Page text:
I was actually a bit surprised how much I liked this flick.  It’s a quirky mix of blaxploitation and samurai movies and even works really well as just a straight-up revenge picture.  Director Cirio H. Santiago can do just about anything in my book.  From TNT Jackson to She Devils in Chains, this guy has done some really great stuff and Fighting Mad is one of his best.  Santiago delivers on the action and gives us a lot of fast paced shootouts and a couple rousing swordfights.  Fighting Mad also features one of the finest Kung Fu in a barbershop fight scenes ever committed to film.  Santiago even sprinkles in a little bit of gore into the mix too.  There are a lot of decapitated heads (Inglehart even gift-wraps one of them) as well as a few fine shots of juicy spurting neck stumps.


The acting is better than you’d expect and helps to elevate the film from the usual B Movie fare.  Inglehart is excellent and physically intimidating and Leon Isaac Kennedy makes for a suitably slimy villain.  Kennedy’s wife, Jayne Kennedy (who was such a bitch that she made poor Leon take HER last name when they got married) is also quite good as Inglehart’s long suffering wife.  She also sings (not badly) too.  Pilipino action fans should also get a kick out of seeing veteran character actor Vic Diaz in a small role as well.


Fighting Mad is no classic or anything but it’s better than most Kung Fu oriented blaxploitation movies that were being made around the same time.  As a bonus, you also get a smorgasbord of great dialogue like, “The only brother is the man on the back of a dollar bill… and he ain’t black!”, “If he dies, do I get my bed back?”, and the immortal, “Those mother humpers!”


AKA:  Death Force.


An evil emperor invades the Kingdom of Phoenix and kills the king and queen and claims the throne for himself.  The princess is just a little kid, so arrangements are made for her to slip out the back door undetected away from the fighting.  The king’s bodyguard drops her off at a wizard’s mountain and he agrees to keep the kid there for 19 years.  In that time, he trains her to be a Kung Fu expert so she can eventually go back to town and get revenge on the asshole who murdered her parents.


This middle-of-the-road Kung Fu flick starts off on the right note with a lot of action.  We get a bunch of Kung Fu, swordplay, and there’s even a decent storming the castle scene in there too.  The problem with Return of the Kung Fu Dragon is that once the chick grows up, the movie starts to drag.  Oh sure, there is plenty of Kung Fu scenes; it’s just that the fights gets a bit repetitive and none of the action scenes aren’t especially memorable or exciting.  Another debit is the atrocious editing.  Seriously folks, it looks like this thing was edited with a hacksaw.  The narrative hops around more than a Mexican jumping bean and while the story isn’t exactly hard to follow, locations often change more than once in the same scene; which is pretty jarring to say the least.


There is some good stuff sprinkled throughout that will keep you watching however.  I particularly liked the bad guy who used his ZZ Top beard as a weapon and there was a crazy/funny/WTF Kung Fu midget that looked like a cross between Linda Hunt and Bjork who kept things rather lively.  Return of the Kung Fu Dragon is no Crippled Masters or anything but die hard Kung Fu fans might enjoy spending 82 minutes of their lives on it.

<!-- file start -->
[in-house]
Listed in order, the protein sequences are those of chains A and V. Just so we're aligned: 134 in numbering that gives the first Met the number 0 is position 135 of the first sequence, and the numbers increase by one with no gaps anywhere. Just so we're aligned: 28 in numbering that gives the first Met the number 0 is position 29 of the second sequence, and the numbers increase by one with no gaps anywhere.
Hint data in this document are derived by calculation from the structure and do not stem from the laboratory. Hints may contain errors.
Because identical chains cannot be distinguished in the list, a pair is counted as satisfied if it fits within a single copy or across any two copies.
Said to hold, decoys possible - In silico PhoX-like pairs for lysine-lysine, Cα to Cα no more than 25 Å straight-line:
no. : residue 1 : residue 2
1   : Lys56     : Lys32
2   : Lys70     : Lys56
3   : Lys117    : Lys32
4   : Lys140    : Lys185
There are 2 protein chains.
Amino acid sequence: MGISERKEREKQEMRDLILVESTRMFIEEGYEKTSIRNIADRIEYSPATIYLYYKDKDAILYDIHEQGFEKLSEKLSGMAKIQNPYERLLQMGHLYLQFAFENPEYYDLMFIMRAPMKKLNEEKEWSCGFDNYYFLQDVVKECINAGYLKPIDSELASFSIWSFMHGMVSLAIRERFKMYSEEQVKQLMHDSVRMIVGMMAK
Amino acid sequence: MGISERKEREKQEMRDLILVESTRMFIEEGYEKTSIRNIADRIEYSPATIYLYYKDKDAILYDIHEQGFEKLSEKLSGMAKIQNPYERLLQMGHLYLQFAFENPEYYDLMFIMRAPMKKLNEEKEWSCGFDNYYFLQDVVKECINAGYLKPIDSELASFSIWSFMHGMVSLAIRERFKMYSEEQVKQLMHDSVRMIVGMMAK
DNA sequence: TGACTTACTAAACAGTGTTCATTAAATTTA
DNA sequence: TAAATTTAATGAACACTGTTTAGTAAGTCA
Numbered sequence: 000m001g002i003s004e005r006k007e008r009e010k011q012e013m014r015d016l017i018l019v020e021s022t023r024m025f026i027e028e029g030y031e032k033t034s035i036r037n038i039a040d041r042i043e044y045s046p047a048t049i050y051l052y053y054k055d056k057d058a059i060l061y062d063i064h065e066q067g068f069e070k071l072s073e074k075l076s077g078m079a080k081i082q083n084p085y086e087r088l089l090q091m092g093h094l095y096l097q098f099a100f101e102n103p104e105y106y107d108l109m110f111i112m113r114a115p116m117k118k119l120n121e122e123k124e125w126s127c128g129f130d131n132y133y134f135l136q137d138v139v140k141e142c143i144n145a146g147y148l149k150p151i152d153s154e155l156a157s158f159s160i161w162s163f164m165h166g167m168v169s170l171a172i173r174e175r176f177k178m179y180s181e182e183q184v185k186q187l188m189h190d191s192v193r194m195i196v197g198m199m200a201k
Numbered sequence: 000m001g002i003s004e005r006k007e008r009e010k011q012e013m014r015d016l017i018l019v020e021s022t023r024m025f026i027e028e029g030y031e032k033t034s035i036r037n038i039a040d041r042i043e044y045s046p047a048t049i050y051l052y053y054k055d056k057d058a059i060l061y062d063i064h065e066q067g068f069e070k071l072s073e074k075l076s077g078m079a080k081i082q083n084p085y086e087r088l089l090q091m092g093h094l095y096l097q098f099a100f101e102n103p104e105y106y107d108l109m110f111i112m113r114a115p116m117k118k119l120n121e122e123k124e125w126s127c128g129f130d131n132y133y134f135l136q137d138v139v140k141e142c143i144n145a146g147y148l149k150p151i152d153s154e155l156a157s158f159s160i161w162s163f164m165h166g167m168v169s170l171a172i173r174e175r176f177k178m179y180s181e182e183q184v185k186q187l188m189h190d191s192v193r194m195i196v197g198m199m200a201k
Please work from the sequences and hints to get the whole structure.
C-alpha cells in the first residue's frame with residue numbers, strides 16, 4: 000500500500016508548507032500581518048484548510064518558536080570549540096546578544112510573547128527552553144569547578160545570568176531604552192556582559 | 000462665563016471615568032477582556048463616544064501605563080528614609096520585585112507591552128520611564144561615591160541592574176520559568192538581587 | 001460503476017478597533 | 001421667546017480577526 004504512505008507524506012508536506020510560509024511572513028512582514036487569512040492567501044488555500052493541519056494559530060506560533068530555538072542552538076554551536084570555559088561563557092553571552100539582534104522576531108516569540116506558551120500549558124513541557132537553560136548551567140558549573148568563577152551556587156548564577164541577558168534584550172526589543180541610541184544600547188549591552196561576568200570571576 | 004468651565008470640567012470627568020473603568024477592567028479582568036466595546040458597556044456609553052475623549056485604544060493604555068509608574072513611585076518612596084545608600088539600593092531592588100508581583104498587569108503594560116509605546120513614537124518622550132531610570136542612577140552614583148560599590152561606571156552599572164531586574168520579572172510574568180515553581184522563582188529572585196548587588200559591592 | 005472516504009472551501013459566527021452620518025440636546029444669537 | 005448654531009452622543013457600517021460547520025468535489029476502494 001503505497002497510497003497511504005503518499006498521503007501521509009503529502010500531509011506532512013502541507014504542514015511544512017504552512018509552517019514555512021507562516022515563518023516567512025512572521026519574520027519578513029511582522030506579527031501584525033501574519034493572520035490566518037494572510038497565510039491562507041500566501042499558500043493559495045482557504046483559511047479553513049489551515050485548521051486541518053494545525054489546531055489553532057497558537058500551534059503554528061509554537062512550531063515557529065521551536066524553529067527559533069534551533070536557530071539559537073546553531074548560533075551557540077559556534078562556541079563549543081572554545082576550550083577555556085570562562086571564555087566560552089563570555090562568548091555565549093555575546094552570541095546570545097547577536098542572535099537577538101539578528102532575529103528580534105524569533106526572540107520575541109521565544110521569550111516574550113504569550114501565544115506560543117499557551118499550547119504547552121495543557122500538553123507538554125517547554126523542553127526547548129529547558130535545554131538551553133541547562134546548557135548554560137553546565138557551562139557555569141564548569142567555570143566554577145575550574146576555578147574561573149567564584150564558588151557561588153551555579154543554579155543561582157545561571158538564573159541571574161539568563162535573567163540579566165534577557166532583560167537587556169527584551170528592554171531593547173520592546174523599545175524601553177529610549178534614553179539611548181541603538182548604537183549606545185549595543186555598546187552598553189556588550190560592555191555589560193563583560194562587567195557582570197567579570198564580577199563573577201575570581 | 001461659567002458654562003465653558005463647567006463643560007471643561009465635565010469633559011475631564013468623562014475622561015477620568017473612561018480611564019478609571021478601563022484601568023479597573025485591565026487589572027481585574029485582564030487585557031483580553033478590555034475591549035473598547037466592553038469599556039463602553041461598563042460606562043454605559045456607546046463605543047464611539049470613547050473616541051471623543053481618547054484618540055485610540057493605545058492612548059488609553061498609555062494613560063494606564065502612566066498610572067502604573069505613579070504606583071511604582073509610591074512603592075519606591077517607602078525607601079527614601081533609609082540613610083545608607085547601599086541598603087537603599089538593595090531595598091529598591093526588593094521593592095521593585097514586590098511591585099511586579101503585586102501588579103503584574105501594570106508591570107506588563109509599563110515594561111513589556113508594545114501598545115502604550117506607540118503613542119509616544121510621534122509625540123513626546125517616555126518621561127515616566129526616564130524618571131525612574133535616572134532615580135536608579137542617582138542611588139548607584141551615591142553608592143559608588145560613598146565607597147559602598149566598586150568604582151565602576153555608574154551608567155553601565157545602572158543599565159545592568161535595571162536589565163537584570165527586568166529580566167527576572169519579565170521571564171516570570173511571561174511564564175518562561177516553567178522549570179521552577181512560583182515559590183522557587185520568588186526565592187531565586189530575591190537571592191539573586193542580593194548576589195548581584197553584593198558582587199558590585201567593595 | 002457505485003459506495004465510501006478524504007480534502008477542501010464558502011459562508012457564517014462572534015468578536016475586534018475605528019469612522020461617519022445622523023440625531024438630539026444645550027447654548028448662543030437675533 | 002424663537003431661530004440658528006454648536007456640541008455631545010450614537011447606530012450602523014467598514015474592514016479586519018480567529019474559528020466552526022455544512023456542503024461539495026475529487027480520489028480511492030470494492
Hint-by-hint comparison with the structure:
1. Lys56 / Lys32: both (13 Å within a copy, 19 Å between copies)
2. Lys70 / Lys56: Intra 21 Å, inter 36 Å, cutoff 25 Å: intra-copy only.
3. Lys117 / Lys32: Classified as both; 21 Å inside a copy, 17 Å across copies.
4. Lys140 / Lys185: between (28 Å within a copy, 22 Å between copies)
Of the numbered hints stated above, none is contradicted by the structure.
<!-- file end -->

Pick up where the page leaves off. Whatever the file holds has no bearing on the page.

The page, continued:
Bruce Li, one of the best of the Bruce Lee imitators stars in this action flick as the head of a Special Rescue Squad who blows a big assignment and soon has to beat up everybody on his entire team just cuz.  After that good natured ass-kicking, Bruce gets another assignment:  bring down a multi-national counterfeiting ring led by Bolo Yeung.  Approximately 78 Kung Fu fights later, Bruce gets the counterfeit plates back and saves the day.


At first, The Image of Bruce Lee seems like it’s going to be a bad Bruceploitation movie.  The first scene has Li wearing the same get-up as Lee did in Game of Death.  Then we’re introduced to Bolo, the villain who we all know played the main henchman in Enter the Dragon.  But something unexpected happens about halfway through.  It actually becomes pretty good Kung Fu flick and features tons and tons of crazy fight scenes. 


The thing I dug about The Image of Bruce Lee is that the movie uses ANY excuse to have a Kung Fu fight scene.  I mean Bruce will just be driving down the street and see the bad guy on the other side of the yellow line and instead of having a car chase; they both pull over to the side of the road to engage in fisticuffs.  Really, it’s nothing for Bruce to walk into a dojo and take on everybody in the place just for shits and giggles.  In the film’s nuttiest scene though, Kung Fu is used as a source of foreplay (!) and the girl winds up with a bruised titty!  Incredible.  In fact there’s a completely random fight scene every five minutes in this movie, which is something you have to respect, I don’t care who you are.


All of this does get a bit numbing after awhile though.  While some of the fight scenes are wonderfully ludicrous (like the cool scene where Li goes to grab somebody from falling off a roof and pulls off the dude’s artificial limb, which sends the poor dope plummeting to his death), others are simply routinely choreographed filler.  That’s okay though.  I still got to give it up to Bruce for pulling out all the stops and taking on about 275 disposable henchmen throughout the course of the movie.


AKA:  Storming Attacks.